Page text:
Today in a ceremony at the White House, Master Sergeant Woodrow Wilson Keeble will finally receive the Medal of Honor for his heroism and sacrifice. Keeble is the first full-blooded Dakota Oyate (Sioux) to receive the honor.
The full story of his heroism is recounted in our local media, and here at military.com, and in the words of ND Senator Byron Dorgan here. A story of heroism so profound his comrades all submitted him for Medal of Honor consideration. But the paperwork was “lost.” Maybe they thought the Purple Hearts and other awards were enough. Funny how that happens when you’re a person of color.
Not daunted, his name was again submitted for Medal of Honor consideration. Paperwork “lost” again.
Many don’t know that Native Americans serve in the military at the highest percentage of demographic groups. Serve, and are wounded, and come home in flag-draped coffins. And to what?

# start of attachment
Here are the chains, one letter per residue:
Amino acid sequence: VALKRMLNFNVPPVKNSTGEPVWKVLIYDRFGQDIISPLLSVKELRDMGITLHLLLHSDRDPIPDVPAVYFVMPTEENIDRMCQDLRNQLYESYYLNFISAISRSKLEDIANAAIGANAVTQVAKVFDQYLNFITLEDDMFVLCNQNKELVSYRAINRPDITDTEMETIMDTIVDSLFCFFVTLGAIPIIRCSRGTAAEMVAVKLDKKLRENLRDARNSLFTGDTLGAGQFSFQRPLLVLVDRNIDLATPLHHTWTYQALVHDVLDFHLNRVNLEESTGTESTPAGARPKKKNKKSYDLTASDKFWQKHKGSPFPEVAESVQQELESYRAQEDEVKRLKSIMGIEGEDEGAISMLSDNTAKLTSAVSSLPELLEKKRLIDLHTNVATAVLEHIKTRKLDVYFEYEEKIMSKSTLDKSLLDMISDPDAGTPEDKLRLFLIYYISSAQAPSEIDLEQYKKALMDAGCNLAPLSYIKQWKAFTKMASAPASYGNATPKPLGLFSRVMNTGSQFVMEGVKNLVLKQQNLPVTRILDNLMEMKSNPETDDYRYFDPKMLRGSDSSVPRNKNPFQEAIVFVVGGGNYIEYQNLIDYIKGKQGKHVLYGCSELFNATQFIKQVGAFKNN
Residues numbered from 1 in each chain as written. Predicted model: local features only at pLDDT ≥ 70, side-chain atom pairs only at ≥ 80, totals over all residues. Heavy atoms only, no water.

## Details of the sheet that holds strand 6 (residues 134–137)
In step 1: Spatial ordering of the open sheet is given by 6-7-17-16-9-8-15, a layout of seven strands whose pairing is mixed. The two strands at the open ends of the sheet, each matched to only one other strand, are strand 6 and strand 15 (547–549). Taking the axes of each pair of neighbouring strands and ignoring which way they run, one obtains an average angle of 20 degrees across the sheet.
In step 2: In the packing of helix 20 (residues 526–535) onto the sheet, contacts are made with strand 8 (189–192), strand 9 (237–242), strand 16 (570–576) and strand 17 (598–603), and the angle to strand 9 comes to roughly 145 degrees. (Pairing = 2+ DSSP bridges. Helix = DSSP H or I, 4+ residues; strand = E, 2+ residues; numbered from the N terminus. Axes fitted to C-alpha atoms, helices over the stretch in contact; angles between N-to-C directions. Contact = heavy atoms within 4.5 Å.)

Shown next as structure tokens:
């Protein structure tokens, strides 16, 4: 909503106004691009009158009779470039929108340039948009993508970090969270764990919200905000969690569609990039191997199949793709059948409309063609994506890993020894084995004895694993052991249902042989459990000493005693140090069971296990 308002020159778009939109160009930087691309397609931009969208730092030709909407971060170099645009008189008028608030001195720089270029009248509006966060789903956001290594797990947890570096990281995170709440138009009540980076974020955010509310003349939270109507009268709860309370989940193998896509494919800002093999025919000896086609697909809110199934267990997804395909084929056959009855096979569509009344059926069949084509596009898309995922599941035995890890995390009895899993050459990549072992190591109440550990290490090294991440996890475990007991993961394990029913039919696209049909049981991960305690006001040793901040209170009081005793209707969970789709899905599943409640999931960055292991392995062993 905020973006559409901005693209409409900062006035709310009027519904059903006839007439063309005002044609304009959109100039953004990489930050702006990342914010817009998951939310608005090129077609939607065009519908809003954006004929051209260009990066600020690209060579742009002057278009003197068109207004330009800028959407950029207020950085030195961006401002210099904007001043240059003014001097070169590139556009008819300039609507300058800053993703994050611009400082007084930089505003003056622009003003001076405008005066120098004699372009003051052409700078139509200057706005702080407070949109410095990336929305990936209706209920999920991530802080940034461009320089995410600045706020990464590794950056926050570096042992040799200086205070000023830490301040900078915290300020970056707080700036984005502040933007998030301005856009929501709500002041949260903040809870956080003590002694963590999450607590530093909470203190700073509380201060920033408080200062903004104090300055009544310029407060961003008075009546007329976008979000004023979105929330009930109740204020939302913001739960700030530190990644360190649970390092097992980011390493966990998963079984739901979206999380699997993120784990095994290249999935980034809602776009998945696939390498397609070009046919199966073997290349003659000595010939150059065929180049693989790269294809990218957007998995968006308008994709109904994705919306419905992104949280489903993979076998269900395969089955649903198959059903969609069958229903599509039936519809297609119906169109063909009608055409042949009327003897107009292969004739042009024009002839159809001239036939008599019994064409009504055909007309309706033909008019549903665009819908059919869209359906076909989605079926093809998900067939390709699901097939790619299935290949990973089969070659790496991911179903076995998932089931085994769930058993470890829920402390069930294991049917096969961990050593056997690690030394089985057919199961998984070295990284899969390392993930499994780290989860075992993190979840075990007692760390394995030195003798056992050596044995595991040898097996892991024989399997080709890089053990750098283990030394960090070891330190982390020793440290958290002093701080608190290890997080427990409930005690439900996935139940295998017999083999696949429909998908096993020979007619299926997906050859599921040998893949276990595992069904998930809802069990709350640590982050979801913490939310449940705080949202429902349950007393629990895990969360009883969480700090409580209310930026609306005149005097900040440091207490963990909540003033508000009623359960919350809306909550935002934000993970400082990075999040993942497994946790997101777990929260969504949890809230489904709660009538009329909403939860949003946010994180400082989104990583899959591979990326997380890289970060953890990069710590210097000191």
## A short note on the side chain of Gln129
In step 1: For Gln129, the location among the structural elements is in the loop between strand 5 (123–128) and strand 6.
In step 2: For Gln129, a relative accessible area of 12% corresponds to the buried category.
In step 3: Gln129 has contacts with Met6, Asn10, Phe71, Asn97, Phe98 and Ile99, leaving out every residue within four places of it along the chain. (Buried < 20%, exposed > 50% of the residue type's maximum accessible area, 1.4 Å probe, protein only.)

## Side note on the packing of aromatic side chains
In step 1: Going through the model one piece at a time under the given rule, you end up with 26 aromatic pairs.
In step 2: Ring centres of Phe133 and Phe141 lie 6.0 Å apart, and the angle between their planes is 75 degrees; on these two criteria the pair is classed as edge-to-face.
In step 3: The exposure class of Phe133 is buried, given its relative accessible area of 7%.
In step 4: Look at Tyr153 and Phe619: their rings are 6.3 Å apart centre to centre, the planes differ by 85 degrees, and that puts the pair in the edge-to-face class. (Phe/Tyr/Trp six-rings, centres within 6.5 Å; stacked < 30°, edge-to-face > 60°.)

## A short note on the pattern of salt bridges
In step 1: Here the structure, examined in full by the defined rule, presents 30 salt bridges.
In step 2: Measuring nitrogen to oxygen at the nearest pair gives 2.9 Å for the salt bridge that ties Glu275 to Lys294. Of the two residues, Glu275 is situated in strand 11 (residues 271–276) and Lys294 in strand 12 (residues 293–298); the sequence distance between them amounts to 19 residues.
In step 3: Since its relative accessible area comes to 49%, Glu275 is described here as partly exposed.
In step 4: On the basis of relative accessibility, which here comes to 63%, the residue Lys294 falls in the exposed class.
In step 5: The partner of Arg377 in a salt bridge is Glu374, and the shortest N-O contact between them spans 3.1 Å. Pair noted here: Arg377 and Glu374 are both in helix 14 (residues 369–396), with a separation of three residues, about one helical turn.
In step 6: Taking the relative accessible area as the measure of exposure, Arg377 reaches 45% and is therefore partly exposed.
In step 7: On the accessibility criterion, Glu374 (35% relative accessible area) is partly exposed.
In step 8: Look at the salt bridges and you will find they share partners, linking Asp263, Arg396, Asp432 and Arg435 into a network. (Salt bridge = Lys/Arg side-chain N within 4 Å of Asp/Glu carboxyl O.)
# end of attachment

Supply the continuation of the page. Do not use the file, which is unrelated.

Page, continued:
“Lost” paperwork it takes half a century to put right.
For some, the fate of Ira Hayes. Or for lives on reservations that too often look like
There are heroes serving today, of all colors and demographics. Most of us will never know their names. As Prince Harry—who was fighting for us, by the way—pointed out, he’s no hero. It’s the guys coming home, on the plane with him, on other flights, missing a leg or an arm, or suffering emotionally from the traumas of war.
The men and women who selflessly serve. How shall we honor them? With a White House ceremony in a few years or past a lifetime?
Master Sgt. Keeble’s award will be presented posthumously. He lived 65 years among his people and his neighbors and died in 1982. A giant in stature, a giant among men.
As a commenter notes at the military.com website: